|Prensky's thoughts for 21st-century teachers|
|Written by Anne Collier|
|August 10, 2012|
Marc Prensky, who coined the term "digital natives" and a few years ago moved on to write about digital wisdom, called on educators to show the courage to do what "they know is right" and wisely embrace the technology that will increasingly help all of us, including students, solve the world's complex problems. This was in his 10-min. portion of a collective keynote at this summer's International Society for Technology in Education conference in San Diego. Prensky said that digital wisdom combines the things brains do better with the things machines do better. On the brain side of the equation, where classrooms are concerned, he pointed to empathy as the No. 1 skill teachers bring to the mix, then more four things he thinks they – and I think parents too – can do to help students find their passions (which, he suggested, creates motivation, learning, eventually jobs, and happiness):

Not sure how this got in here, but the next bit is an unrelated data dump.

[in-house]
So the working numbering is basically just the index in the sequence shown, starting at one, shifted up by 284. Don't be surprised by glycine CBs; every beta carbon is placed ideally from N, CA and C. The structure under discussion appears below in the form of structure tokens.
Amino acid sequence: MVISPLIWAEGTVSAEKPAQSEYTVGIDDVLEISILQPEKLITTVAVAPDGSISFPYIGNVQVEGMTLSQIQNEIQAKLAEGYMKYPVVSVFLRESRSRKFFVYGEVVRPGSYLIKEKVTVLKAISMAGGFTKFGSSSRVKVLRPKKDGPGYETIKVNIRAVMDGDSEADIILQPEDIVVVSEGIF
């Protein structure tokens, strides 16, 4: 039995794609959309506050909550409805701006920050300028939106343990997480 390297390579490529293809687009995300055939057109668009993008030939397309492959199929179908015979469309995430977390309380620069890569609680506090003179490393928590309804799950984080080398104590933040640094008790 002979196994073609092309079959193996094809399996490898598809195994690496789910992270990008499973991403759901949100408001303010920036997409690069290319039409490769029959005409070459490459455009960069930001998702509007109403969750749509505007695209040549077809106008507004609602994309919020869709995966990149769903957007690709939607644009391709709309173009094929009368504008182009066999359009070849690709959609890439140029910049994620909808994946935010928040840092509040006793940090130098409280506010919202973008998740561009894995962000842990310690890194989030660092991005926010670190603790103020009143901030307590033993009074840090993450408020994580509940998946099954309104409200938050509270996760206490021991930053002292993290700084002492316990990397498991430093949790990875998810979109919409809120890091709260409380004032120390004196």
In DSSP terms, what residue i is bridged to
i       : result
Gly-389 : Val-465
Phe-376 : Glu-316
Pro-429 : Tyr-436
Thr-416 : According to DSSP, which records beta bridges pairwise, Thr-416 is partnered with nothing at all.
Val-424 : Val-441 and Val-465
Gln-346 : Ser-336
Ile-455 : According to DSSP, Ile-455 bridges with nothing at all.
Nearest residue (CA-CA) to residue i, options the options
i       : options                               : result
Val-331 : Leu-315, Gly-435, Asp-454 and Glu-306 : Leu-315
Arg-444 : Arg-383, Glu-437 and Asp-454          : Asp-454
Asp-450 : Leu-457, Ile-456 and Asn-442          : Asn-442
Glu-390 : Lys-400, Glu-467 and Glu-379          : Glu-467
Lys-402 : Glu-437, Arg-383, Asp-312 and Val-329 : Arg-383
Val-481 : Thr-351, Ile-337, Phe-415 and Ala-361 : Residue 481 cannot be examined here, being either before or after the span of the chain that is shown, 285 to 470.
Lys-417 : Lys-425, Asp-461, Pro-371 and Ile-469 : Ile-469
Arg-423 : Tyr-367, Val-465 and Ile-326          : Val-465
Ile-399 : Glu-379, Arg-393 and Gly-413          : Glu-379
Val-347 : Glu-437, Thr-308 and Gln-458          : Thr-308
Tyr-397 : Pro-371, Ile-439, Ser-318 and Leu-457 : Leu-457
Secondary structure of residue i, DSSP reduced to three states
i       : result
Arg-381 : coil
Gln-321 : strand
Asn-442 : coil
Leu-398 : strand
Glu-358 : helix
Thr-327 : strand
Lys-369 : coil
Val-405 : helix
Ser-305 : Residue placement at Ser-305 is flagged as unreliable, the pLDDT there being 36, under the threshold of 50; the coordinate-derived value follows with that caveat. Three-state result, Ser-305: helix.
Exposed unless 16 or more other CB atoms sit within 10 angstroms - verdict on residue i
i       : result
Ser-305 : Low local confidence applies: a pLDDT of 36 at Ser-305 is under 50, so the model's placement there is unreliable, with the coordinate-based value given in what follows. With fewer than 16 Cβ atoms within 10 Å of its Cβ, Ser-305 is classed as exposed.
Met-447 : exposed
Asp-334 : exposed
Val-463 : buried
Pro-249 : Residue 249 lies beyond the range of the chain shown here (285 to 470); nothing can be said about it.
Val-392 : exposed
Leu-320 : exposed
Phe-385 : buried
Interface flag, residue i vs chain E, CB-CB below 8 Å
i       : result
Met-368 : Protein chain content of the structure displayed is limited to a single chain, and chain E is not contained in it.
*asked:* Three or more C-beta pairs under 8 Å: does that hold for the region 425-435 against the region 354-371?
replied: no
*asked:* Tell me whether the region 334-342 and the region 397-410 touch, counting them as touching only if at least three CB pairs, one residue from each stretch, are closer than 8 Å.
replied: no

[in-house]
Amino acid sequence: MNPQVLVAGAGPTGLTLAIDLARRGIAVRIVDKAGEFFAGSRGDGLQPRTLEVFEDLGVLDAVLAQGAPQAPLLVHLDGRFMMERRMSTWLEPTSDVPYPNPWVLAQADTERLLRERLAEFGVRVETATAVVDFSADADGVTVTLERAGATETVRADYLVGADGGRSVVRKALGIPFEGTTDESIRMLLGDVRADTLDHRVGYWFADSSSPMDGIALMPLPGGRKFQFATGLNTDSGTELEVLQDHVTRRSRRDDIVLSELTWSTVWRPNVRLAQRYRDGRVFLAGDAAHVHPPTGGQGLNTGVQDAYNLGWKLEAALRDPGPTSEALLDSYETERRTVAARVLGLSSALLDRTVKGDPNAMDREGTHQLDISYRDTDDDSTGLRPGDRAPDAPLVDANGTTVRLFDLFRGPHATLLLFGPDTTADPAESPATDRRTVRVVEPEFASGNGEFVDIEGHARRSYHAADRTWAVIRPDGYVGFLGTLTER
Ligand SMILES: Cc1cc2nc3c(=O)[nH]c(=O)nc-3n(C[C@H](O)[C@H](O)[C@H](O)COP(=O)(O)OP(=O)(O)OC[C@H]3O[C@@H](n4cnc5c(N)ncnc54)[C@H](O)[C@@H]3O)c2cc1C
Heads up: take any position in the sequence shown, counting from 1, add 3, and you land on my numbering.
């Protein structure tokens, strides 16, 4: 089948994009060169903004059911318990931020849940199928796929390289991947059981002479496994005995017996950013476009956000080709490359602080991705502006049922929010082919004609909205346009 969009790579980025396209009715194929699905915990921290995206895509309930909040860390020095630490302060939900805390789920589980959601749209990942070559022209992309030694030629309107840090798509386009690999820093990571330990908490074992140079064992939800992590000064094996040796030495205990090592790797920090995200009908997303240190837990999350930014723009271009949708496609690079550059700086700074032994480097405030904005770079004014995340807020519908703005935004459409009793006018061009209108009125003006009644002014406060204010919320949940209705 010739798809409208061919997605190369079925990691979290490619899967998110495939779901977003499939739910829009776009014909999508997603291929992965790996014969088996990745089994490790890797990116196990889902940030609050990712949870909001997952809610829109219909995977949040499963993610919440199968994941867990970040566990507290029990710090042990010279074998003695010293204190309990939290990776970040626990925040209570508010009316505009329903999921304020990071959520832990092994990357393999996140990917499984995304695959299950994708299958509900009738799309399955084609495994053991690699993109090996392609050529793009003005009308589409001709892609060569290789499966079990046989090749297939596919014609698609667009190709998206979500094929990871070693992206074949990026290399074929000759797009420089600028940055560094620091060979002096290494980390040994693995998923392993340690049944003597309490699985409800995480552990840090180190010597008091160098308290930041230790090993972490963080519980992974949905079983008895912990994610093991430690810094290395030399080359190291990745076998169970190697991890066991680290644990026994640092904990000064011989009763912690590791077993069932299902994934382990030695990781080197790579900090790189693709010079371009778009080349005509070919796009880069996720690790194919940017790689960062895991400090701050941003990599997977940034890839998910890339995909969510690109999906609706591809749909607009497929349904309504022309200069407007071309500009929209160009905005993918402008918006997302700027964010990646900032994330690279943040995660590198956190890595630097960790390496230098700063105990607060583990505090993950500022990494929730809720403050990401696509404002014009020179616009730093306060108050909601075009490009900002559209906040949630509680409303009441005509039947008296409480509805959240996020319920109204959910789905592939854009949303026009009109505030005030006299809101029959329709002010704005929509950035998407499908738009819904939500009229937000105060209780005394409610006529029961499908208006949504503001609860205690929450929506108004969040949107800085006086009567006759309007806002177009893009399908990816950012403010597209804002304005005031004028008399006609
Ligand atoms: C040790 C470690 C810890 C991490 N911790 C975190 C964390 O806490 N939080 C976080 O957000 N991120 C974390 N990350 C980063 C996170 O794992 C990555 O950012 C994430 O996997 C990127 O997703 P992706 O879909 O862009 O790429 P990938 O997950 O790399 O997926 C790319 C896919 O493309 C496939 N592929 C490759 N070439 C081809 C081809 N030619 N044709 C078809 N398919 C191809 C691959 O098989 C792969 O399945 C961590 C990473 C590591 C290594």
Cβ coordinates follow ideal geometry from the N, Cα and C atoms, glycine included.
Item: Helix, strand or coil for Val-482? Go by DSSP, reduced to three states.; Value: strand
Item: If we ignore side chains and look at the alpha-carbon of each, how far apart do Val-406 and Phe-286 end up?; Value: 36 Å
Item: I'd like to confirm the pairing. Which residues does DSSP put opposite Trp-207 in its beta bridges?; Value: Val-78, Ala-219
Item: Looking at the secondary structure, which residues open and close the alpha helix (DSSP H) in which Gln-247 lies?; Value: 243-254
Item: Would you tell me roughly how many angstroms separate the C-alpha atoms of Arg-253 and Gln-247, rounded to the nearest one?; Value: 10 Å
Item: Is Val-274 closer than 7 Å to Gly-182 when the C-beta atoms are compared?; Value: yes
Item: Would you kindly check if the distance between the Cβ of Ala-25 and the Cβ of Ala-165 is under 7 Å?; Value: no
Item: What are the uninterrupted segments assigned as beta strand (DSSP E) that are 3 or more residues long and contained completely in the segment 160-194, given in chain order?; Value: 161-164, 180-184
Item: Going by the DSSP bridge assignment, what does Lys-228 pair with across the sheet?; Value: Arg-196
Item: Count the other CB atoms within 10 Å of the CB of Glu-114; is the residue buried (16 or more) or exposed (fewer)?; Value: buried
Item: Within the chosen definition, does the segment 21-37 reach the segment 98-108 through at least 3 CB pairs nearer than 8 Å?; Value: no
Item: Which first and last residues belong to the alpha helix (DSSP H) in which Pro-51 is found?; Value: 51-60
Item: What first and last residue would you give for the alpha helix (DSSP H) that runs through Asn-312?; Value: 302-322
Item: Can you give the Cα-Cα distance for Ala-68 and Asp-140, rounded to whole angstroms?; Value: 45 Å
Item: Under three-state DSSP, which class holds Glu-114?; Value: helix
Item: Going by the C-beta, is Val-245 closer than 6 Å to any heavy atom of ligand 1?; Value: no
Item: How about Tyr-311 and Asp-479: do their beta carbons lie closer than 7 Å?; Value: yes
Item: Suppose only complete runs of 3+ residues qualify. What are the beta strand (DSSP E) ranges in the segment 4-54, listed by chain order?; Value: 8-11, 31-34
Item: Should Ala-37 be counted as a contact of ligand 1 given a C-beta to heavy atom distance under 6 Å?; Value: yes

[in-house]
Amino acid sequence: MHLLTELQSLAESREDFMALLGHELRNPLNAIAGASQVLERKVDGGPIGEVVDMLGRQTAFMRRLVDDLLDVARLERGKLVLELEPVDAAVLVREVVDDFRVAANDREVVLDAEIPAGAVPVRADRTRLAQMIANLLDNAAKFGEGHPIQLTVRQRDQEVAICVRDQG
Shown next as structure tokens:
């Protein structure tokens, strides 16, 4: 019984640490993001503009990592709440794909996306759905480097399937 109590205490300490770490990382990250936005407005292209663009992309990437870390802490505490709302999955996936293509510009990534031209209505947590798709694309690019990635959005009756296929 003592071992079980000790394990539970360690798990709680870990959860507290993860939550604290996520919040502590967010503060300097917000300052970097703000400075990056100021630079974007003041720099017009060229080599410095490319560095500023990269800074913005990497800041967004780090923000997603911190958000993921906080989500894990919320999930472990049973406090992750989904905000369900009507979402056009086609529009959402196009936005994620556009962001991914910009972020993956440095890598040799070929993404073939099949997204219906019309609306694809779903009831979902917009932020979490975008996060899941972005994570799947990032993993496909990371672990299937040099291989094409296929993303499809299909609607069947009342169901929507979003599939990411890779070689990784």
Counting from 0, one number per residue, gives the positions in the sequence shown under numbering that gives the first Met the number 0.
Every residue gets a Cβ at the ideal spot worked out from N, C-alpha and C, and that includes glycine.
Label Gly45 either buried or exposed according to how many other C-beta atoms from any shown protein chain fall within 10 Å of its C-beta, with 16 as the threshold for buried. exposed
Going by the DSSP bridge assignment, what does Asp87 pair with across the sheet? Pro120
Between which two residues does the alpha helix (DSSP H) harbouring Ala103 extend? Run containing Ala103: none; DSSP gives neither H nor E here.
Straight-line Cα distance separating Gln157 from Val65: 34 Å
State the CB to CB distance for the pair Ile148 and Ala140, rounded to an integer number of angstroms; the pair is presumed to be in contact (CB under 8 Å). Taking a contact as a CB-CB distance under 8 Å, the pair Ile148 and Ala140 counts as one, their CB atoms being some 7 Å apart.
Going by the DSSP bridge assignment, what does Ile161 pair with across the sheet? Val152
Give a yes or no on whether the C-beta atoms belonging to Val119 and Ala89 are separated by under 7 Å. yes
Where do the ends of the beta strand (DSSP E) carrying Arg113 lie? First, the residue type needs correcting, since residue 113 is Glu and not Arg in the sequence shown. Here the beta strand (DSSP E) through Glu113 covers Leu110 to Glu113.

* Listen. You can't help anyone find their passion if you don't listen to them, he said. Otherwise, they become what kids call "cellophane kids" – teachers looking through them at curriculum, standardized test scores, etc., their students becoming invisible.
Prensky's new book Brain Gain: Technology and the Quest for Digital Wisdom was released this week. Kirkus Reviews called it "an intriguing, astute counterbalance to the scaremongering that dominates many other books on digital life."